Tuesday, March 14, 2017

The Walking Man


I'm not sure when I first noticed the Walking Man.

I imagine my subconscious mind first noted him, and then one day nudged my conscious mind and said, "Hey, have you noticed that guy walking down the street? He's there every day."

Indeed, he was. Every day on the last main thoroughfare to work, there he would be, slowly making his way down the sidewalk. The first thing I noticed about him was that he seemed to walk as if each step was laborious, but he was confident that if he just kept going, he would get where he needed to be.

The next thing I noticed was that he always dressed the same way: black baseball cap, dark sunglasses, black jacket with the strap of a black bag cutting diagonally across, and light blue jeans. The dark colors of his attire made his white facial hair more pronounced.

It wasn't long before I began looking for him each day. Who was Walking Man, I wondered. Where was he going every morning? It didn't look like he was just out for a casual stroll around the neighborhood. Was he on his way to work? To meet someone? And why did he walk slowly? Was he unwell? Had he suffered an injury? Or perhaps he simply wasn't in a hurry?

I wanted to know what his story was. It was more than just idle curiosity. Seeing him every day made it feel like we had some sort of connection. When I didn't see him for a few days in a row, I worried that something had happened to him. I sighed in relief when he reappeared, although I did wonder if he had switched his black jacket for blue because of the spring-like weather. (He was back to black the next day, so I guess that wasn't it.)

It's kind of funny, I suppose, that someone I don't even know has become such a part of my landscape that his absence was noted and fretted about. I am certain that he would never suspect that an occupant in one of the many cars that passes him each day was concerned about his welfare or that she had even noticed his slow progress up the street each and every day. Certainly, he would be surprised to learn that she wondered what his story was and one morning sat down at her computer to write about him.

That's the way it is, though, isn't it? We never really know the impact our lives have on others, even those who are simply passing through.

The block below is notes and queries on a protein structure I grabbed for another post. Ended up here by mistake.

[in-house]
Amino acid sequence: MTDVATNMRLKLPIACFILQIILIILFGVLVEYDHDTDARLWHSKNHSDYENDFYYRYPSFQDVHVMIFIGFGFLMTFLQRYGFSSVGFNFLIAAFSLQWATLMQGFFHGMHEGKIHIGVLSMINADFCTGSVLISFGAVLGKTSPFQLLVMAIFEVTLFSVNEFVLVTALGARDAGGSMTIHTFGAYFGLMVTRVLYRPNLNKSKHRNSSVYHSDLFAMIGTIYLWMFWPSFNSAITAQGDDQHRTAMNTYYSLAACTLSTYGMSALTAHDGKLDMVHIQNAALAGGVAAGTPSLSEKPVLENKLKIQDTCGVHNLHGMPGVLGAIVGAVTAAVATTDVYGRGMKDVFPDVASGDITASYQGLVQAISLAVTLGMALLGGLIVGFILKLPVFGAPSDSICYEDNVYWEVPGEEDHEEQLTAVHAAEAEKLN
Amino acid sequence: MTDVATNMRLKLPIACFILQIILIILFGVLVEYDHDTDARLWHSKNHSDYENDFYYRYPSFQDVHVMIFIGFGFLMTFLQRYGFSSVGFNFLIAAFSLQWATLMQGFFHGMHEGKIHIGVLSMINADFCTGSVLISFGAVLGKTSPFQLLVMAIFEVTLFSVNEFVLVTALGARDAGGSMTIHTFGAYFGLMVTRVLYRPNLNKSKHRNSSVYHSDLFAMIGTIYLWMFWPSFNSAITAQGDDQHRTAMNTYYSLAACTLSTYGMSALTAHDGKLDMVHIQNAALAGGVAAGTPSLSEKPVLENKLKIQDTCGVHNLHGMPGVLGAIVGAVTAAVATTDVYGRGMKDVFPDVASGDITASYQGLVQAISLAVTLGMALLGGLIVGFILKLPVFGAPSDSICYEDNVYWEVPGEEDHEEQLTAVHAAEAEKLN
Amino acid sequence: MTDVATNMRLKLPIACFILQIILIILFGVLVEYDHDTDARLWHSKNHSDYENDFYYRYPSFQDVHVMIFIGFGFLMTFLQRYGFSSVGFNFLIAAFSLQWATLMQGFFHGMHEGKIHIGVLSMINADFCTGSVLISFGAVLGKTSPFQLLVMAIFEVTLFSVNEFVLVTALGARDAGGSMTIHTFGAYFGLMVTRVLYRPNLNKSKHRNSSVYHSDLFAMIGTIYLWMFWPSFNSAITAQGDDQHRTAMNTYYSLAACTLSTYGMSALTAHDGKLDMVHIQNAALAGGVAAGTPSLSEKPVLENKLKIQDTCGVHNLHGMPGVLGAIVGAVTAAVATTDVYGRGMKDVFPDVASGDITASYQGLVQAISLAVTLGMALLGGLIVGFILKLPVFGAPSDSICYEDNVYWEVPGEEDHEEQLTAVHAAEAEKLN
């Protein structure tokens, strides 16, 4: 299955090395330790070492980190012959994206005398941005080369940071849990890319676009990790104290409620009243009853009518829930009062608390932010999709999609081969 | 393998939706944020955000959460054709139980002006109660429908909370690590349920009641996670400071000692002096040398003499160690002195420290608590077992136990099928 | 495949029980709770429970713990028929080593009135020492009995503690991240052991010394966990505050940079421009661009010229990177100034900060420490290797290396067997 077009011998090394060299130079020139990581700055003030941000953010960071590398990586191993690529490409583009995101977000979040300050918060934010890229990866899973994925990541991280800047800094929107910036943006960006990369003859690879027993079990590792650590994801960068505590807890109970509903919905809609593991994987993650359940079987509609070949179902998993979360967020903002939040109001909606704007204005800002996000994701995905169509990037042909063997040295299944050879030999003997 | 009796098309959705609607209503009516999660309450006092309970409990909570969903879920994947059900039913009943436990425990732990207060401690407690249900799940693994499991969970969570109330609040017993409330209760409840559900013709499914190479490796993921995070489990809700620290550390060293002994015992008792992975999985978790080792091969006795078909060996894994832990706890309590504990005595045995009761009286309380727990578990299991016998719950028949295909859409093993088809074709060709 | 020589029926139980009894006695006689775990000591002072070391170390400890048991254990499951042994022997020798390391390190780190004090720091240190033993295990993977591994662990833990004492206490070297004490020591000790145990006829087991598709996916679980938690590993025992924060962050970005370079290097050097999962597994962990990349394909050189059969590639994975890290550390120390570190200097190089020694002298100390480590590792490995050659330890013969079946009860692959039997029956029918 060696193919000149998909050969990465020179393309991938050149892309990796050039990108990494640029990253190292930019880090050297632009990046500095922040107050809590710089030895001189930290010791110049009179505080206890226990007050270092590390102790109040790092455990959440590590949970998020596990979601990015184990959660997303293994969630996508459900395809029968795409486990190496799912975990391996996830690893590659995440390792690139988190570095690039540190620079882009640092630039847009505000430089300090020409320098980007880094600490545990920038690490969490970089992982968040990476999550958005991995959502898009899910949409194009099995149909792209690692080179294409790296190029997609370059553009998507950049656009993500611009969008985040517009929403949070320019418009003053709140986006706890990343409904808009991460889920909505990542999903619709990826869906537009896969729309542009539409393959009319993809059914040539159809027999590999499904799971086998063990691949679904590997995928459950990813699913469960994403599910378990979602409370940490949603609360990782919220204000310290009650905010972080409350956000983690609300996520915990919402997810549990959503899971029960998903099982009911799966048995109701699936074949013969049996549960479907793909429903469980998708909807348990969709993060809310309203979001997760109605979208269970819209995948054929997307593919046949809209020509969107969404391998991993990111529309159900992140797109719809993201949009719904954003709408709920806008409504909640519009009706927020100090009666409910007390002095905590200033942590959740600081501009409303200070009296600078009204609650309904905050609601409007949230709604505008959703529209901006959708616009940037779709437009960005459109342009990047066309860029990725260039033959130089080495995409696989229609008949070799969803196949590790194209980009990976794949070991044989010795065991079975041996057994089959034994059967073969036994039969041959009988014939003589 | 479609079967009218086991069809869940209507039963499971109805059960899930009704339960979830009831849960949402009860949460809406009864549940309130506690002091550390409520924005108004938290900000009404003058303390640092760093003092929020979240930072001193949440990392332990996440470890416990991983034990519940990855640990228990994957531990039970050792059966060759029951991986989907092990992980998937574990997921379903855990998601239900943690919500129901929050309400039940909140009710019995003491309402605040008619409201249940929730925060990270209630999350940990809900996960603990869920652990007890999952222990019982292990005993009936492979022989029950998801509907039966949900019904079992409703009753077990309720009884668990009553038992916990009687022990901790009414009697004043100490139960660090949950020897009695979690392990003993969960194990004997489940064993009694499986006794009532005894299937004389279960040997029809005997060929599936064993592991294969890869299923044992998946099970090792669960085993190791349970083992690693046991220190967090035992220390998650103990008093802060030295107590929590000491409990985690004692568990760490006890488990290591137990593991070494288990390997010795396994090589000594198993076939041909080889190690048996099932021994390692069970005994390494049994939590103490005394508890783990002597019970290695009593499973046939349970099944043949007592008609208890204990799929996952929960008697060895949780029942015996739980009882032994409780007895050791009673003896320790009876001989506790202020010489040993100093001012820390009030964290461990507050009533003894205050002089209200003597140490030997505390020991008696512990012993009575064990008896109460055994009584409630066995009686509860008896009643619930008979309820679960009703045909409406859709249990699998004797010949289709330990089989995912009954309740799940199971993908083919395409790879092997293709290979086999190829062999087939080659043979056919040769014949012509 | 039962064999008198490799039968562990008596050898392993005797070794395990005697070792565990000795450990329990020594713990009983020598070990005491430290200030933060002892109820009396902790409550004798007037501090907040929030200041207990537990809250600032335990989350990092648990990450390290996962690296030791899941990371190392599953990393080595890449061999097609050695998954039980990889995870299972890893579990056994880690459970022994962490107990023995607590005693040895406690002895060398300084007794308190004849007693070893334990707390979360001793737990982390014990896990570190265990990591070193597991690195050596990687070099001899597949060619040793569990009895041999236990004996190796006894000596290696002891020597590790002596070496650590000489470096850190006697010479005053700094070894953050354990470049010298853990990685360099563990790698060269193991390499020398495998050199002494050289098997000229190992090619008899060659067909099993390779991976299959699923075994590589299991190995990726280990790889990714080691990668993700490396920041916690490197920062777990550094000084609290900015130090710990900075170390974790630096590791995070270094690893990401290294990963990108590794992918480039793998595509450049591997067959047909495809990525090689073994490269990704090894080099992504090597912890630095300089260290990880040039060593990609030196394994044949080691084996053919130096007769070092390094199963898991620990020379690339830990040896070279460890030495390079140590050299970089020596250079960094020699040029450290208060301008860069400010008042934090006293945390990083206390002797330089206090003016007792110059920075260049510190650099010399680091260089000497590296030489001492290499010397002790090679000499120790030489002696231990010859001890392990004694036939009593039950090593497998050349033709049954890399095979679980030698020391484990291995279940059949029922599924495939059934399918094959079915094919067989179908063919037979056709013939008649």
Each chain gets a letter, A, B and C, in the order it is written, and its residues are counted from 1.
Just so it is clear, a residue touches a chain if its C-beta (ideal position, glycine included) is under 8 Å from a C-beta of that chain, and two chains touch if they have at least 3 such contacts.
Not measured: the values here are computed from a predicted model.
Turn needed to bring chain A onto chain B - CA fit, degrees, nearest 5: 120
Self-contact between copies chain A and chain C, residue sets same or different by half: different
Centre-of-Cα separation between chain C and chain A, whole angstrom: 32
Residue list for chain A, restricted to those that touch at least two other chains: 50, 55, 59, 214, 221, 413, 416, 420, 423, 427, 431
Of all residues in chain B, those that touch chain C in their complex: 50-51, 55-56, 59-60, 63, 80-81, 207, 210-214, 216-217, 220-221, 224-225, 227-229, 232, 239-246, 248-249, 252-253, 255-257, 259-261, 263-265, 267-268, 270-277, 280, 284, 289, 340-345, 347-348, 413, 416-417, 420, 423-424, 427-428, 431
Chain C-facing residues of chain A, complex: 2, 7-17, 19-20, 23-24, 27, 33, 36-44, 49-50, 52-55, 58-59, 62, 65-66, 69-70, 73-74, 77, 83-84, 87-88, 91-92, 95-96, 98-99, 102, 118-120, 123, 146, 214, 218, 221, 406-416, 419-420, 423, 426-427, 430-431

10 comments:

  1. My children and I see a man walking on the corner of our street nearly every morning on the way to school. I told them I hope he is still walking at that time each day in the summer so we can walk out and meet him! Like you I am now looking for him each day, and wondering about who he is. Even on the very coldest mornings he is out.

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    1. I hope you get the chance to meet him!

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  2. Isn't it funny how we notice something and then can't stop thinking about it? I like that you have noticed this man and tried to create a story for him.

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    1. I was talking to a friend at work who it turns out passes him everyday as well. She, too, has wondered what his story is!

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  3. I wrote last year about three people I always saw on my morning walk to work. I have switched jobs this year and I still think about them. Isn't the connection so interesting?

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    1. It really is. They become part of our daily routine and, thus, a part of our lives.

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  4. I think this is how characters are created. We see someone and begin wondering and soon there is a story. Maybe lots of stories. People, even strangers, are connected in so many ways.

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  5. The writer as observer. This is an important aspect of writing. Fierce noticings. By sharing your aroused curiosity you have successfully engaged your readers. I now share your desire to know more of this stranger's back story. Writers must possess a strong streak of curiosity. Thanks for sharing this Amanda. A most engaging piece.

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